Happy days could be here – Ashcroft Cache Creek Journal

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Usually when I talk to someone about a story for the newspaper, I have a pretty good idea what the story is going to be about. I’ve read a press release, seen a social media post, or talked to someone about it before to get the gist of it, so the moment I interview someone, I I have a list of questions to ask and points to cover. In my head, the skeleton of the story is already assembled; now I am looking for all the details that will flesh it out.

As the poet said, however, the best plans of mice and men often go wrong. (Robbie Burns actually said they “gang aft a-gley,” but most people opt for the English translation for clarity.) I had heard, at a Clinton board meeting in February , that the Clinton Annual Ball committee’s request for the use of Memorial Hall in May for this year’s 155th ball had been withdrawn, as the ball wasn’t going to go ahead after all, so I made a mental note to follow this. In my head, the story was already made up: hopeful volunteers planning the event after two years of cancellation; dashed plans due to continued restrictions; the optimism that he could return (finally!) in 2023; thank you to everyone who continued to support the ball; etc

It was the bare bones, to flesh out after I spoke with someone from the committee. So when I called John Boscott to get the details, you can imagine my surprise when almost his first words were “It’s moving on after all.” That crashing noise you heard was the skeleton of my story, crumbling into a messy heap on the floor.

It might give the impression that I was bored. Far from it: I was delighted to be able to take a bunch of lemons and make not only lemonade, but also a delicious lemon meringue pie. After two years of seeing so many beloved local events canceled, postponed, or solely held in an online format of which the best that can be said is “I guess it’s better than nothing”, this was a nice to be able to rip my original story apart and build it back better.

And the Clinton Ball is just one of many events that will return after too long a hiatus. Graffiti Days returns to Cache Creek in June, and the music lineup for Desert Daze – live at Spences Bridge in September – is being finalized as I write. In addition to the ball, Clinton will see a rodeo parade and rodeo on the weekend of May 28. The Ashcroft Arts Club is planning its traditional show for April; the Clinton Country Artists and the Clinton Art and Cultural Society will follow with live art exhibits in June and July respectively.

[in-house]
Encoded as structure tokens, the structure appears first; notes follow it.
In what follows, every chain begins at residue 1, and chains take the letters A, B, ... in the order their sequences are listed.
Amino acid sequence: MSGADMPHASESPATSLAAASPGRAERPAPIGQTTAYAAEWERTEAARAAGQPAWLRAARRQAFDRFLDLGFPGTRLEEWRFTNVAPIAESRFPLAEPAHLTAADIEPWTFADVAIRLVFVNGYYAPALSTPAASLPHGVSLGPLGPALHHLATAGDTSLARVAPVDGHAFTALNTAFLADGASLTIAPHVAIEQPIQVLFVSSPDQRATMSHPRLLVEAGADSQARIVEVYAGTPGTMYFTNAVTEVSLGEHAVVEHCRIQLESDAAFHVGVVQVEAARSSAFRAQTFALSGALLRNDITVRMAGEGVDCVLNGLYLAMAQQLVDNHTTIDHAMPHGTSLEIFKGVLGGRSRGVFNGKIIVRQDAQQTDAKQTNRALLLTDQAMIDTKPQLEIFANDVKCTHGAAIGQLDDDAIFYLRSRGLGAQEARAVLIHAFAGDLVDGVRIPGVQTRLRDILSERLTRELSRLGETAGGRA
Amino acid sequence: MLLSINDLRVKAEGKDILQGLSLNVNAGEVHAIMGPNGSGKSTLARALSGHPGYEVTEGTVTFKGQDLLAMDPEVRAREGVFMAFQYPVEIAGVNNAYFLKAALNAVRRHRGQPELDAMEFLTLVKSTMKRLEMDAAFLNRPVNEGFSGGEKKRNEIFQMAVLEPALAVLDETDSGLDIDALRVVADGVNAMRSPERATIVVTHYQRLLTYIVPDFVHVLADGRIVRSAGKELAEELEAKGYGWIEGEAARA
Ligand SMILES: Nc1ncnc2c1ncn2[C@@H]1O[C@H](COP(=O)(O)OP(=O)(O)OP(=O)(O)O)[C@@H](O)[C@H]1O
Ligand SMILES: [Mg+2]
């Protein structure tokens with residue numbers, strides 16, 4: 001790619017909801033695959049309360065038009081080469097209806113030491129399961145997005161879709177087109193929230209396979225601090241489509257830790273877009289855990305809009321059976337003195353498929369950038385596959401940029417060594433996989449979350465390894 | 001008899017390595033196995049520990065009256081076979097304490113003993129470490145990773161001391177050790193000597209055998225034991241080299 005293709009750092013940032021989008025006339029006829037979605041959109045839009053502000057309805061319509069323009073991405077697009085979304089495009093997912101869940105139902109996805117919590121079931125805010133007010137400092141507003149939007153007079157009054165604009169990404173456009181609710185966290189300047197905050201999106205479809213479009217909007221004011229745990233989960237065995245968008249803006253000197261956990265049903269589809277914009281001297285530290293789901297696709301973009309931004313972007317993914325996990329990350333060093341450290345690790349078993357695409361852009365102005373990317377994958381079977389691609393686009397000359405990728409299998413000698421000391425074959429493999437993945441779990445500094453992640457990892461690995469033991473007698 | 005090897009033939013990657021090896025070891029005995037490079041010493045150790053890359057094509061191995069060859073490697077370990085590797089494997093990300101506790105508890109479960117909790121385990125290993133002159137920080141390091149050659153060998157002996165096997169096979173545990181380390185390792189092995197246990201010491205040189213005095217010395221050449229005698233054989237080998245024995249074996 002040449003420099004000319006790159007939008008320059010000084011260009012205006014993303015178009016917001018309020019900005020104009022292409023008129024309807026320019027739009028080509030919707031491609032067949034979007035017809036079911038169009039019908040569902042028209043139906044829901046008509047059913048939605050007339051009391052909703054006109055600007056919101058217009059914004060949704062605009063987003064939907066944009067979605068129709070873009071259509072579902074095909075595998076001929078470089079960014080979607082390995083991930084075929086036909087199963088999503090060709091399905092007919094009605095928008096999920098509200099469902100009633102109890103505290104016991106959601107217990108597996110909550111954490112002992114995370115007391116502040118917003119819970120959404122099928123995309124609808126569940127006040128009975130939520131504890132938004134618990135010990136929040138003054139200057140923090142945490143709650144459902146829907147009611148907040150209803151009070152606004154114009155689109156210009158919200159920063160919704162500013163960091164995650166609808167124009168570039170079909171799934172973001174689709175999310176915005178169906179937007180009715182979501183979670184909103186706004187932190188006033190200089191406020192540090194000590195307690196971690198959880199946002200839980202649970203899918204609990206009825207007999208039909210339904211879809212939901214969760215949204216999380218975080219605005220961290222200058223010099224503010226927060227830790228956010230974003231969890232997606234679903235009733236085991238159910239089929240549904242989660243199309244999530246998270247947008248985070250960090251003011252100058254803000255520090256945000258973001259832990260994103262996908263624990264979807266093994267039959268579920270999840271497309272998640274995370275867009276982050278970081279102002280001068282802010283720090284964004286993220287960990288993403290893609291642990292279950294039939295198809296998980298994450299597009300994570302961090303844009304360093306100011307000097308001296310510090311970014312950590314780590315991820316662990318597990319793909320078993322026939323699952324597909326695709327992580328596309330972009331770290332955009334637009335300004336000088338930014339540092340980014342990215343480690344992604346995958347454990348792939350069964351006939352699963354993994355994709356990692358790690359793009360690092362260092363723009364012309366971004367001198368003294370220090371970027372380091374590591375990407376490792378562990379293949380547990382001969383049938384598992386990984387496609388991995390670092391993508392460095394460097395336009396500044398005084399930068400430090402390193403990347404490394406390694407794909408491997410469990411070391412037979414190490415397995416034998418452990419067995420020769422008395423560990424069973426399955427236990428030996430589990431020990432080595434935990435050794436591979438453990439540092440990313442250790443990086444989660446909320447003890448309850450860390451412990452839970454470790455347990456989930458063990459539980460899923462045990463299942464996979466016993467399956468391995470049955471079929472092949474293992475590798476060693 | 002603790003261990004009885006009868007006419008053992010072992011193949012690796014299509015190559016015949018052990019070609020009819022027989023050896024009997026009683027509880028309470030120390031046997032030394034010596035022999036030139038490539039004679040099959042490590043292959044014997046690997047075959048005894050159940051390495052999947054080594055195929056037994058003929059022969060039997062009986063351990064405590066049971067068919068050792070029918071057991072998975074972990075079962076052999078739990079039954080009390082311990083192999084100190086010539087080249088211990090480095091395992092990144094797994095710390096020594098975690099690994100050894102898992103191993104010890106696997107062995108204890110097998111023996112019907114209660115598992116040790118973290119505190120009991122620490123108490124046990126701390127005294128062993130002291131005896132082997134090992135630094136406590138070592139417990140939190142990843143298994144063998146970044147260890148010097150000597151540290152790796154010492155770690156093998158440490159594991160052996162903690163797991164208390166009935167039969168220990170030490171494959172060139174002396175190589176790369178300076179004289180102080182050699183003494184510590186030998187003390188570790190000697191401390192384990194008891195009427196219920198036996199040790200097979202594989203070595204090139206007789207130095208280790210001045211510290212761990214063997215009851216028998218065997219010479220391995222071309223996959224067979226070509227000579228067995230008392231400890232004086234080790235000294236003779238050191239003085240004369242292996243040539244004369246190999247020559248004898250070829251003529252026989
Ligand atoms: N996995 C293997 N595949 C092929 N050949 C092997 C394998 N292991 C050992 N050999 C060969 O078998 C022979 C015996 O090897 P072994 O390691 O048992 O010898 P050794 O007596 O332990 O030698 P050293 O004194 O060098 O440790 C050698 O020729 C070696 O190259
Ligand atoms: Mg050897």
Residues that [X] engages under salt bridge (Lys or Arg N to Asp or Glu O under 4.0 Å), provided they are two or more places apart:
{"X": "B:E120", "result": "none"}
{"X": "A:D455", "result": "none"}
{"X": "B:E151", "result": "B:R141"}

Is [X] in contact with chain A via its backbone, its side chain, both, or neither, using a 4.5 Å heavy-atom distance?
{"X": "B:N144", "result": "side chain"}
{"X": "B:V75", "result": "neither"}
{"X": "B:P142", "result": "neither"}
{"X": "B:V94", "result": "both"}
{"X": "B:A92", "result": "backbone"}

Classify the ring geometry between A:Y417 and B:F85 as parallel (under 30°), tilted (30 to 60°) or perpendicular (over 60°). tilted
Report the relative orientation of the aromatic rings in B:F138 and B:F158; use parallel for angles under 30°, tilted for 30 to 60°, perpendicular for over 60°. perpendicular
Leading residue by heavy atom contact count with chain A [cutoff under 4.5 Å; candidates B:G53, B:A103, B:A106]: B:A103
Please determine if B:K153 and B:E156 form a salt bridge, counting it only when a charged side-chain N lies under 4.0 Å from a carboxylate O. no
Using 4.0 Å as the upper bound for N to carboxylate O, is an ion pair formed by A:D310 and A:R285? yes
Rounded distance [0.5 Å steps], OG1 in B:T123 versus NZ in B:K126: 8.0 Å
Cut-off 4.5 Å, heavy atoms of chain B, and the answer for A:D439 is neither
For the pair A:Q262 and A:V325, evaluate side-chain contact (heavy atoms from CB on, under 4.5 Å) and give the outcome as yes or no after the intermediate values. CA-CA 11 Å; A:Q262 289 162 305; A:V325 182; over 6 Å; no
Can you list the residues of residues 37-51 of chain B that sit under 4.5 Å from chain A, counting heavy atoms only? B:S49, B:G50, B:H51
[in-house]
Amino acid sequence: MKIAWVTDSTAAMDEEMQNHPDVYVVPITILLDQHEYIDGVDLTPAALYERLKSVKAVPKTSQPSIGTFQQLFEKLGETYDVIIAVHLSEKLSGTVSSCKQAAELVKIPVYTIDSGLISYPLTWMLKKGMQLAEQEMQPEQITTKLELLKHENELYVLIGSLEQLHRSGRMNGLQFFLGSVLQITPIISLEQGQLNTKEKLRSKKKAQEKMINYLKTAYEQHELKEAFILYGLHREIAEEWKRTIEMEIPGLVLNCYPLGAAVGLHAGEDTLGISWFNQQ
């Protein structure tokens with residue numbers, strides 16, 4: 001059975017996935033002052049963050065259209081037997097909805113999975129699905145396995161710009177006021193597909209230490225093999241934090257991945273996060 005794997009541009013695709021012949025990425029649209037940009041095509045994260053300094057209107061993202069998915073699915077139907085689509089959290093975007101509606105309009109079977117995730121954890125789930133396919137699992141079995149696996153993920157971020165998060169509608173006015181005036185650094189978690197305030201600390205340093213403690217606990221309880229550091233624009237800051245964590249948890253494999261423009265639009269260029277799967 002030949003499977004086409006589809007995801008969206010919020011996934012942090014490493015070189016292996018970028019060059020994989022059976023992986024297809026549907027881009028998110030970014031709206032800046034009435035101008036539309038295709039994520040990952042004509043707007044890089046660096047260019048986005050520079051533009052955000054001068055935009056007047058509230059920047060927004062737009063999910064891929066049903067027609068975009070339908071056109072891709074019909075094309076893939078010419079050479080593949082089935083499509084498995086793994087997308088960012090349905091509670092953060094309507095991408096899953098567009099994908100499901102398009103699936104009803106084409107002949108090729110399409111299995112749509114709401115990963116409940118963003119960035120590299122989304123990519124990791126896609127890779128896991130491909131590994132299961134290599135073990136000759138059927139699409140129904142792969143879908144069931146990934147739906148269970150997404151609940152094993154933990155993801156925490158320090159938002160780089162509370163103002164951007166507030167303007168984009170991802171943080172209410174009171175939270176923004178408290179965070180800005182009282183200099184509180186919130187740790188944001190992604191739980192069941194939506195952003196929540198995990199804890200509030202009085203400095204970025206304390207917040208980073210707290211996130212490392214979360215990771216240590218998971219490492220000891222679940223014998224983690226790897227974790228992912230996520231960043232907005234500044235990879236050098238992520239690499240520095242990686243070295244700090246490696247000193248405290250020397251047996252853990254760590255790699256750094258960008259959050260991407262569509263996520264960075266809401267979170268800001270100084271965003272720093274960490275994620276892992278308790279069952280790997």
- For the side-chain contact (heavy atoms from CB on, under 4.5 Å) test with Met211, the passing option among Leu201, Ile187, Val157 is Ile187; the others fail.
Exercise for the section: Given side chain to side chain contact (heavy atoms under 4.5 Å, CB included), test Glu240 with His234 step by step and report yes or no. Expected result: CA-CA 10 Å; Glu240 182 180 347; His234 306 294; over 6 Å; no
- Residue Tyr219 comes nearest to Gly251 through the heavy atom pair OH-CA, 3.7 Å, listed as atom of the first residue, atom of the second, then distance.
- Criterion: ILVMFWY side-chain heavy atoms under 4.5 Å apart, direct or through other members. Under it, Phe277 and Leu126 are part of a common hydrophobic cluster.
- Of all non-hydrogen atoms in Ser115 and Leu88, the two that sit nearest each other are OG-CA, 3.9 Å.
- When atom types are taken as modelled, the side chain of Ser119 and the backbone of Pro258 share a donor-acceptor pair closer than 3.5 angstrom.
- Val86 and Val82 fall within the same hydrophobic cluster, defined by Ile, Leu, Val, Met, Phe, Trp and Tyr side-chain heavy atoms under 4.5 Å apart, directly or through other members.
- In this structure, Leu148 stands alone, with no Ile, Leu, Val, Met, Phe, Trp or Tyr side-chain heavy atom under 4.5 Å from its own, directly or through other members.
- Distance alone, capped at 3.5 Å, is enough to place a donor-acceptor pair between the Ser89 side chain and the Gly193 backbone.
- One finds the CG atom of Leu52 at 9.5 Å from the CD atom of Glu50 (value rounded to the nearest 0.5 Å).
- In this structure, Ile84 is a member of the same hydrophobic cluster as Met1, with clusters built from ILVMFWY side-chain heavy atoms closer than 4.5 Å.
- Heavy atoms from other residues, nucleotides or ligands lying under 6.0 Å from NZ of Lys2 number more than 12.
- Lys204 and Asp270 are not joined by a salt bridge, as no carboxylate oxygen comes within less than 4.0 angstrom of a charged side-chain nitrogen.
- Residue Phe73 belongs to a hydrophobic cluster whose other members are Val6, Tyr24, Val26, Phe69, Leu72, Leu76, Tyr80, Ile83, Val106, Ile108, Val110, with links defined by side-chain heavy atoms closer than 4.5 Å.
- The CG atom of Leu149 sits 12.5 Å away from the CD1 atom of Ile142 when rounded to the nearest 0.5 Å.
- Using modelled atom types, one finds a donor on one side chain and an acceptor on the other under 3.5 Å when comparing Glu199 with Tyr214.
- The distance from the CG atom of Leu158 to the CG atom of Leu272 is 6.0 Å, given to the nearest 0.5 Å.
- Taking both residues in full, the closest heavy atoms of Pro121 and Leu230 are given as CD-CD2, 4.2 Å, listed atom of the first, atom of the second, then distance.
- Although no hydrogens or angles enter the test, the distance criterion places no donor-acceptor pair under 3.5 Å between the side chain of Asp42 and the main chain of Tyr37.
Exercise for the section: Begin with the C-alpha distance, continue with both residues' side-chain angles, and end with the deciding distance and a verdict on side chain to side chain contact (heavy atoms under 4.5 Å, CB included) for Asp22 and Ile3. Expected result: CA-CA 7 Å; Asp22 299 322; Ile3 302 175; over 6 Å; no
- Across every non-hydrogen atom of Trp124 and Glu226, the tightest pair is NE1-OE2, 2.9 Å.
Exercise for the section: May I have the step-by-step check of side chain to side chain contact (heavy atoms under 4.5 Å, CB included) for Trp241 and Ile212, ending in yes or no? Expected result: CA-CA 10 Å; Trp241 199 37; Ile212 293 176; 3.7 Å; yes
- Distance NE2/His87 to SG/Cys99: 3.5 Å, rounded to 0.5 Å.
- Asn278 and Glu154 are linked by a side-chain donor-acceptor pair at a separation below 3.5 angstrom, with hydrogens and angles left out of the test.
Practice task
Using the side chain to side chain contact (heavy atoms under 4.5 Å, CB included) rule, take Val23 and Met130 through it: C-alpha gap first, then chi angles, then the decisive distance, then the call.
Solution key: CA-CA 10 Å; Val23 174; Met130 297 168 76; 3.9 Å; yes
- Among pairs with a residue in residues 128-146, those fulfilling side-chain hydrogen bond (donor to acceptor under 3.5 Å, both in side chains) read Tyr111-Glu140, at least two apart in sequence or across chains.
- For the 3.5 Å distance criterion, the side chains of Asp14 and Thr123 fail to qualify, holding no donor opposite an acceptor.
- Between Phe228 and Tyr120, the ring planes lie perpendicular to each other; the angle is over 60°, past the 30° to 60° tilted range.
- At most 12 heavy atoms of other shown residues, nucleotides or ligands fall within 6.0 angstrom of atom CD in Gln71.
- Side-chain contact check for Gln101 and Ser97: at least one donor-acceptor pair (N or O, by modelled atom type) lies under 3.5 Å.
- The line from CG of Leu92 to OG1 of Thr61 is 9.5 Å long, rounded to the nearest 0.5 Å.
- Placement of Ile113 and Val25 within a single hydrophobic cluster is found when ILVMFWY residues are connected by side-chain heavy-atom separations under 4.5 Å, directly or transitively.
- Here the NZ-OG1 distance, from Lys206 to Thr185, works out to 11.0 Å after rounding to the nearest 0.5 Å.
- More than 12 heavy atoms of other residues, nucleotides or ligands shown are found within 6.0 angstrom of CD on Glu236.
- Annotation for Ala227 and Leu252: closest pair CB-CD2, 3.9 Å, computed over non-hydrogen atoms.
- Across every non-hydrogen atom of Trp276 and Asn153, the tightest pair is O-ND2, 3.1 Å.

This is all just in our little corner of the province, and I’m sure there are more to come in the coming weeks and months, here and around the world. Of course, there’s a chance things could get derailed by events beyond anyone’s control — as proof I’m giving you summer 2021 — but for now, there’s cautious optimism in the air.

And like the first tendrils of green grass sprouting after winter, we’ve already started to see evidence that things could – perhaps – return to something like normal. Last week, the Clinton Seniors’ Association held its annual Daffodil Tea for the first time since 2020, and it was so successful that the event sold out and organizers had to stop taking orders.

The Daffodil Tea in March 2020 was the last community event held in Clinton before the pandemic shut everything down, so it’s only fitting that it was the first to return now that things are looking more hopeful. The excellent response is also encouraging; a sign, it is hoped, that all these other comeback events will be well supported by people eager to make up for lost time. As another poet – Joni Mitchell – wisely noted, you don’t know what you have until it’s gone.


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